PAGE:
Posted in Anthropology, Articles, Asian Diaspora, History, Media Archive, Social Science, United States on 2014-12-10 17:54Z by Steven

UNPOPULAR OPINION: 6 Reasons Why Your Utopic Vision for a Mixed-Race Future is My Nightmare


Kristina Wong

Guess what? One day, when we’re all mixed race, racism won’t magically disappear.

Before you start trolling me (not that I don’t need the attention), let me tell you the specific sentiment that this whole essay addresses. It usually starts when someone chimes in with their wide-eyed vision for 2050, the year when people of color will outnumber white people in America:

“One day when all the races have mixed together, and we can’t tell what anyone is anymore, there won’t be racism! All our cultures will blend together! And…the babies will be beautiful!”

Ah yes! This magic mixed-race future, where everyone will have fucked the hate out of everyone and in the process, thousands of years of colonialism, violence, and systemic oppression disappear into the “interesting facial features” of mixed-race people!

I’m not indicting the lives of mixed-race people nor chastising interracial relationships. But let’s get real — the hypothetical “Future World of Mixed-Race Babies” being the end of racism suffers from frighteningly naive logic about how racism actually works.

Here are SIX reasons why racial utopia won’t suddenly appear once we pull our pants down and start boning across borders…

Read the entire article here.

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2014 National Poetry Month Poem of the Day: Fred Wah

Posted in Articles, Asian Diaspora, Canada, Media Archive on 2014-12-08 20:44Z by Steven

2014 National Poetry Month Poem of the Day: Fred Wah

Turnstone Press
Winnipeg, Manitoba, Canada

“Waiting for Saskatchewan,” the title poem for the book, arose out of an event that occurred in Nelson, BC on a winter night in the early ’80s. We had been anticipating an exhibition of art from Saskatchewan about to open at a local art gallery when we were advised that the show would be delayed due to heavy snows over Kootenay Pass, preventing delivery of the art. So I took the poetic hint and used the phrase to meditate on my own historically tethered relationship to Saskatchewan, a place that held, for me, the complications of a mixed-race family history and the geographical site for an Asian-European intersection, a kind of hyphen that I have used to construct a personal imaginary. The poem is a biotext that offers the space to measure the accumulation of particularities and apprehensions, dreams, and memory. The poem is one way to remember the future.

Fred Wah on “Waiting for Saskatchewan”

Waiting for Saskatchewan
and the origins grandparents countries places converged
europe asia railroads carpenters nailed grain elevators
Swift Current my grandmother in her house
he built on the street…

Read the entire poem here.

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Transforming Three Sisters: A Hapa Family in Chekhov’s Modern Classic

Posted in Articles, Asian Diaspora, Literary/Artistic Criticism, Media Archive on 2014-12-08 04:01Z by Steven

Transforming Three Sisters: A Hapa Family in Chekhov’s Modern Classic

Asian American Literature: Discourses and Pedagogies
Volume 3 (2012): Special Issue: Mixed Heritage Asian American Literature
pages 130-146

Elizabeth Liang

“All right, let’s agree that this town is backward and vulgar, and let’s suppose now that out of all its thousands of  inhabitants there are only three people like you… But you won’t simply disappear; you will have some influence. And after you’ve gone there will be six more, let’s say, like you, then twelve, and so on, until finally people like you will be in the majority. In two or three hundred years, life on earth will be unimaginably beautiful, astonishing.” (Vershinin in Act I of Three Sisters by Anton Chekhov, translated by Paul Schmidt)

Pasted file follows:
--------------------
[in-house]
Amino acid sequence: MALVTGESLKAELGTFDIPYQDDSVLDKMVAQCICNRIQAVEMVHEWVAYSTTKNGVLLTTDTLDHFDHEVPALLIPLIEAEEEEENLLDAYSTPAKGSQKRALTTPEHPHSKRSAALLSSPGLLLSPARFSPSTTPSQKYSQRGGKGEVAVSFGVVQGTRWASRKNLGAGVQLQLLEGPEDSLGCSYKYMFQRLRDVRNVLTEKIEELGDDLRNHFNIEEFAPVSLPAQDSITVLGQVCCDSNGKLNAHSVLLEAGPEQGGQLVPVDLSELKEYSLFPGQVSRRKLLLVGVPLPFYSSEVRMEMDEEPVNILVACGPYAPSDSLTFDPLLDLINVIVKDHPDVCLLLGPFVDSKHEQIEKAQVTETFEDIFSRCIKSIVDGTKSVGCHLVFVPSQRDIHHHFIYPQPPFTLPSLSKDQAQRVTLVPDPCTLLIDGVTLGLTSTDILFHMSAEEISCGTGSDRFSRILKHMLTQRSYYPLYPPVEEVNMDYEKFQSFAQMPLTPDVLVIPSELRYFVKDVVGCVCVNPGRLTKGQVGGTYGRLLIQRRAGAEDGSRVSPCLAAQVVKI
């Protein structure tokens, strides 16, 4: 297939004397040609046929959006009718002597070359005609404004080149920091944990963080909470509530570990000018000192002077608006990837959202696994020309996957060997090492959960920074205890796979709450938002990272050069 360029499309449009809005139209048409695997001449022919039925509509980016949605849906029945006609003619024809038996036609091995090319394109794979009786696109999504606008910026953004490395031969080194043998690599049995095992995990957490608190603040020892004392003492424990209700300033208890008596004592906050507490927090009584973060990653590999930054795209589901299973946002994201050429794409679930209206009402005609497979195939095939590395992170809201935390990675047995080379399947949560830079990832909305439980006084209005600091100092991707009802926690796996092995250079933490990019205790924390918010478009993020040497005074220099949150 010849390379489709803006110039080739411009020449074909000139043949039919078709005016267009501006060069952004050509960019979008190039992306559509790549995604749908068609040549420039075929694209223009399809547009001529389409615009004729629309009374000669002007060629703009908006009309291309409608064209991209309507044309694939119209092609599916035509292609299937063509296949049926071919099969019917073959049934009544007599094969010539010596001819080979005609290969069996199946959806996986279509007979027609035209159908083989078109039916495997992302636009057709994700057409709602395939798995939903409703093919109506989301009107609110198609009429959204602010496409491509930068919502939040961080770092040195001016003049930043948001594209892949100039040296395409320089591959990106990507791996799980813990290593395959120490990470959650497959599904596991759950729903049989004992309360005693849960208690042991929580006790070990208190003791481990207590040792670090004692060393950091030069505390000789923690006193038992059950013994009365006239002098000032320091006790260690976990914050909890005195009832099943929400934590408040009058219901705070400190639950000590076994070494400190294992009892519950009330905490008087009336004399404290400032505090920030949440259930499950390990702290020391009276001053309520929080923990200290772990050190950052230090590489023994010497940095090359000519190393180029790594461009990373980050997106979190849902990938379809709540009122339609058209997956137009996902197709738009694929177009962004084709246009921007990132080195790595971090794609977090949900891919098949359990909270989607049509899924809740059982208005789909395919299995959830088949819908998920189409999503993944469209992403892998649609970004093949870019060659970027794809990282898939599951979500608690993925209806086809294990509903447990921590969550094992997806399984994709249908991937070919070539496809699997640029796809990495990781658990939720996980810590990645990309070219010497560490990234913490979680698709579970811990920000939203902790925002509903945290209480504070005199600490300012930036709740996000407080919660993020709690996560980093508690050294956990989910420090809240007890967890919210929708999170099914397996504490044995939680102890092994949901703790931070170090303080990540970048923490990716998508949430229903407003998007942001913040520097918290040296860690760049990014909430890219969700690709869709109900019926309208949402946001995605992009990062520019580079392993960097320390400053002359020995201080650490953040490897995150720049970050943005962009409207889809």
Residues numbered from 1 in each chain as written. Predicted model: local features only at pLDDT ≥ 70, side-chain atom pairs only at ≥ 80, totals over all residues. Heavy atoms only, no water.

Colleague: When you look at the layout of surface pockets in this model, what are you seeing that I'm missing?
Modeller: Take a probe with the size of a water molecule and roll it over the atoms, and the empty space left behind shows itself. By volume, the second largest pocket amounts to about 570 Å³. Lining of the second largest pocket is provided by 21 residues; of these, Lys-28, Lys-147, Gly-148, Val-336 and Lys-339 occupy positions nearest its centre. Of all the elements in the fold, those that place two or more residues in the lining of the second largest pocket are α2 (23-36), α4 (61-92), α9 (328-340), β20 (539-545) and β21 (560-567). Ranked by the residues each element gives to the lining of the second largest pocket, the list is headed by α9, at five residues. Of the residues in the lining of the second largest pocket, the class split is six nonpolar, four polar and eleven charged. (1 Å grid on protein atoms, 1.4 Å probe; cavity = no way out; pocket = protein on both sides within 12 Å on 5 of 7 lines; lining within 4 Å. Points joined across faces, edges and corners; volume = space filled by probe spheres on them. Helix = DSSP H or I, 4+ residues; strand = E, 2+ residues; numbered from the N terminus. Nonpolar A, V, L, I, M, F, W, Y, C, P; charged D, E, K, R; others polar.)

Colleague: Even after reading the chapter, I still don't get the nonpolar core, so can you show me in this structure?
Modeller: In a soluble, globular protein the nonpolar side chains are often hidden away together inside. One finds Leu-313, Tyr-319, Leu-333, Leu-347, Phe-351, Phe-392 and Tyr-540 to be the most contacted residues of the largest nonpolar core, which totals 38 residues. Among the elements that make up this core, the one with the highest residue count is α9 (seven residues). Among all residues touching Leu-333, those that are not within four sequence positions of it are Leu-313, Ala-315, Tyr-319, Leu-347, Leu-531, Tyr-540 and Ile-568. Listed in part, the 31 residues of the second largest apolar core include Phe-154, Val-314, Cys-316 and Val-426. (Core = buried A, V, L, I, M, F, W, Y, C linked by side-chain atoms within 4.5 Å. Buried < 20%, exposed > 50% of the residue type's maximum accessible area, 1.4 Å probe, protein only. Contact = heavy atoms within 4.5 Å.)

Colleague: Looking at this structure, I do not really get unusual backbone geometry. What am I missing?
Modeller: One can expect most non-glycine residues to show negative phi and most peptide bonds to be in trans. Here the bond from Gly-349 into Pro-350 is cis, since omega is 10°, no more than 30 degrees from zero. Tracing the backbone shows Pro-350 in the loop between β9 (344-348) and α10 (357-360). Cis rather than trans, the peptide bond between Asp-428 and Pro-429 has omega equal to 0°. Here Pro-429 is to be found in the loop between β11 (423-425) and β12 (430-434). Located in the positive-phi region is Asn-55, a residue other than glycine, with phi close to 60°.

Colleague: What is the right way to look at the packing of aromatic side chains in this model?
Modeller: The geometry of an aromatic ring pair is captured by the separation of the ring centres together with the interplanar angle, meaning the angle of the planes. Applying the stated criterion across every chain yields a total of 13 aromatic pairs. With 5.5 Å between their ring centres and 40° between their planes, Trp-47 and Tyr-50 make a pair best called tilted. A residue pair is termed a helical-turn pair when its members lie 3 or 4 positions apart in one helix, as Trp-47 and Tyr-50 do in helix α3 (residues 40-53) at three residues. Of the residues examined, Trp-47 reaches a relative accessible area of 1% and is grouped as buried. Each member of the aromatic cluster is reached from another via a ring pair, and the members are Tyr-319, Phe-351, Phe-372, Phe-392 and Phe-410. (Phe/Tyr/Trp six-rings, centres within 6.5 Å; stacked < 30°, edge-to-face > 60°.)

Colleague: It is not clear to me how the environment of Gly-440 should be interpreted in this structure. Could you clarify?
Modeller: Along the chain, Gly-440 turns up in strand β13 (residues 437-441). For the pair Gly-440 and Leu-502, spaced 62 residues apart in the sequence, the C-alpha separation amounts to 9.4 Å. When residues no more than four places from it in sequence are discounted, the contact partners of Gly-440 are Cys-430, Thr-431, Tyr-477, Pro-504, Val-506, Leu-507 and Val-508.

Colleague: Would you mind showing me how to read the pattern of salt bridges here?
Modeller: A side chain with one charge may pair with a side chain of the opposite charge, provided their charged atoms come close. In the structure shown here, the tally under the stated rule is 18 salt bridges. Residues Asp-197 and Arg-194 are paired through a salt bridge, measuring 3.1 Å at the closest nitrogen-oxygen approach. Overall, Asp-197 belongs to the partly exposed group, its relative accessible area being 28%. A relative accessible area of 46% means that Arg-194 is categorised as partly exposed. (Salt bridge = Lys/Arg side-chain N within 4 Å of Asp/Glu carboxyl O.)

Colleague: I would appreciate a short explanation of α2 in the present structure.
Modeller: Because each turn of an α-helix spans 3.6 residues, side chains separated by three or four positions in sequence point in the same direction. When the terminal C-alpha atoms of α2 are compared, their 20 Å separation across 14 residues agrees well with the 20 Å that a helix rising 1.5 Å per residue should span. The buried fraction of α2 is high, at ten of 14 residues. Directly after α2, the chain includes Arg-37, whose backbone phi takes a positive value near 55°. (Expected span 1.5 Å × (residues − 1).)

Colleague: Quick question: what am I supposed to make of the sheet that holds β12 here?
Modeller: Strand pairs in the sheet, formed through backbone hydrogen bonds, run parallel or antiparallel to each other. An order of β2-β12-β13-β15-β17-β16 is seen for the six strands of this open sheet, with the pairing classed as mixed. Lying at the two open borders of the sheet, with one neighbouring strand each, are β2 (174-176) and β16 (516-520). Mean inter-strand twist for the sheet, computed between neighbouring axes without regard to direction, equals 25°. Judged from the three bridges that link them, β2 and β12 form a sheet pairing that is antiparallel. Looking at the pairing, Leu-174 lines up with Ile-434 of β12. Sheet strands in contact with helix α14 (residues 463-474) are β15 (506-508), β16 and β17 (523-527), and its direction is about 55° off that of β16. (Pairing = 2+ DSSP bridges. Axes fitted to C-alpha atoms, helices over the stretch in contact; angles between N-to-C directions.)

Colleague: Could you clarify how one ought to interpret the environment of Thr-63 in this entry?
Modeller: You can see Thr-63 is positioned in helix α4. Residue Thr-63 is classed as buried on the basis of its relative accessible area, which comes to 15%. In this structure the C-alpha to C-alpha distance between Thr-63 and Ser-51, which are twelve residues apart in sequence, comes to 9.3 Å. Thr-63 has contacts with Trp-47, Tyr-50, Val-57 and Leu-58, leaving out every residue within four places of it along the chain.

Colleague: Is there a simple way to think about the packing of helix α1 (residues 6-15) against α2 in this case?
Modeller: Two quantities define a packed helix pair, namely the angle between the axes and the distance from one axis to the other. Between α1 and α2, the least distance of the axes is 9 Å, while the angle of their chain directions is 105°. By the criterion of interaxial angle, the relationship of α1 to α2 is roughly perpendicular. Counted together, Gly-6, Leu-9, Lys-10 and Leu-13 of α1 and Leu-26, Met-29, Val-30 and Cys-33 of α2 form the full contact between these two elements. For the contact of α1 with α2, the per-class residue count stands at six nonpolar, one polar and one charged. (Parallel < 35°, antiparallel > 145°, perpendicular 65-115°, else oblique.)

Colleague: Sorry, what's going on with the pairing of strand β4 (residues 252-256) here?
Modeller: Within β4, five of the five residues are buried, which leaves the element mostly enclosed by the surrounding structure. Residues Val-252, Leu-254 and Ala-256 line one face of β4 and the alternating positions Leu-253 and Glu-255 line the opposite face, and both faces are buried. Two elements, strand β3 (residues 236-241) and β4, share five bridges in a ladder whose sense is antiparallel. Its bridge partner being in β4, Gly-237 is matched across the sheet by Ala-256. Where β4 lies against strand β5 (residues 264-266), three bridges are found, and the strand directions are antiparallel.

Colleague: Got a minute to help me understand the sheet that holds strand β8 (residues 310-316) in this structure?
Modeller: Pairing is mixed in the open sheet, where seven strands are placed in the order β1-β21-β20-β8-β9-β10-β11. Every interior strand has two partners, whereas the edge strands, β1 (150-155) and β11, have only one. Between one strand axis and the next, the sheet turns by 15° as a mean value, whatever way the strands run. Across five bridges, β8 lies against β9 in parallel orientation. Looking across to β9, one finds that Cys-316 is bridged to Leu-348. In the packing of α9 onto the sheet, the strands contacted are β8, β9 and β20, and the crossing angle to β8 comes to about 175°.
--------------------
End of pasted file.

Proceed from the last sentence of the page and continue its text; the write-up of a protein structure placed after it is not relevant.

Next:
It is an act of courage or foolhardiness to produce theatre in the heart of the film world, depending on your point of view and how large the houses turn out to be. In the fall of 2005, I produced Three Sisters in a 60-seat theatre in Burbank, California (home of Disney and Warner Brothers). The odds were stacked even higher against the show’s success when my assistant producer and I stipulated that the main characters, the upper-class and highly educated Russian Prozorov siblings, had to be played by Hapa actors. I chose to foreground mixed heritage Asians because I am Hapa and wanted to see something akin to my own family on stage. The play had never been cast this way anywhere according to my research. Meanwhile, I assumed that our audience would be largely European American, because that is usually the case whenever I attend the theatre. Thus it was difficult to predict if this production would spark any interest in the average L.A. theatregoer, since people tend to flock toward stories to which they can relate. I hoped that they would be intrigued by our unusual “take” on a play with which they were likely familiar (as it is one of Chekhov’s most popular works), but I also worried that they would feel the ethnic “layering” was forced and unnatural, or that we were trying to teach them something they had no interest in learning. My reasons for casting the siblings as Hapa were manifold:

  • To deliberately represent a section of the population that is normally under- and misrepresented. Census 2000 proved that over 6.8 million or 2.4 percent of Americans considered themselves multi-ethnic. 25 percent of those people resided in California. (And Census 2010 discovered that over 9 million or 2.9 percent of Americans considered themselves to belong to two or more racial groups. Among those, Asian and white are the third most common pairing.)
  • To allow the actors to interpret legendary roles in which they might not normally get cast.
  • To further emphasize the difference of the Prozorov family from others by adding race to Chekhov’s division based on class and education.
  • To tell the audience a mixed heritage story without making it feel like a classroom lesson…

Read the entire article here.

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The Forsaken: Portraits of Mixed-Race Orphans in Postwar Korea

Posted in Articles, Arts, Asian Diaspora, History, Media Archive on 2014-12-04 19:48Z by Steven

The Forsaken: Portraits of Mixed-Race Orphans in Postwar Korea

Time Magazine

David Kim
Yale Law School

Joo Myung Duck (1940-)

Pictures made in the ’60s by a young photographer, Joo Myung Duck, depict the mixed-race children of foreign servicemen and Korean women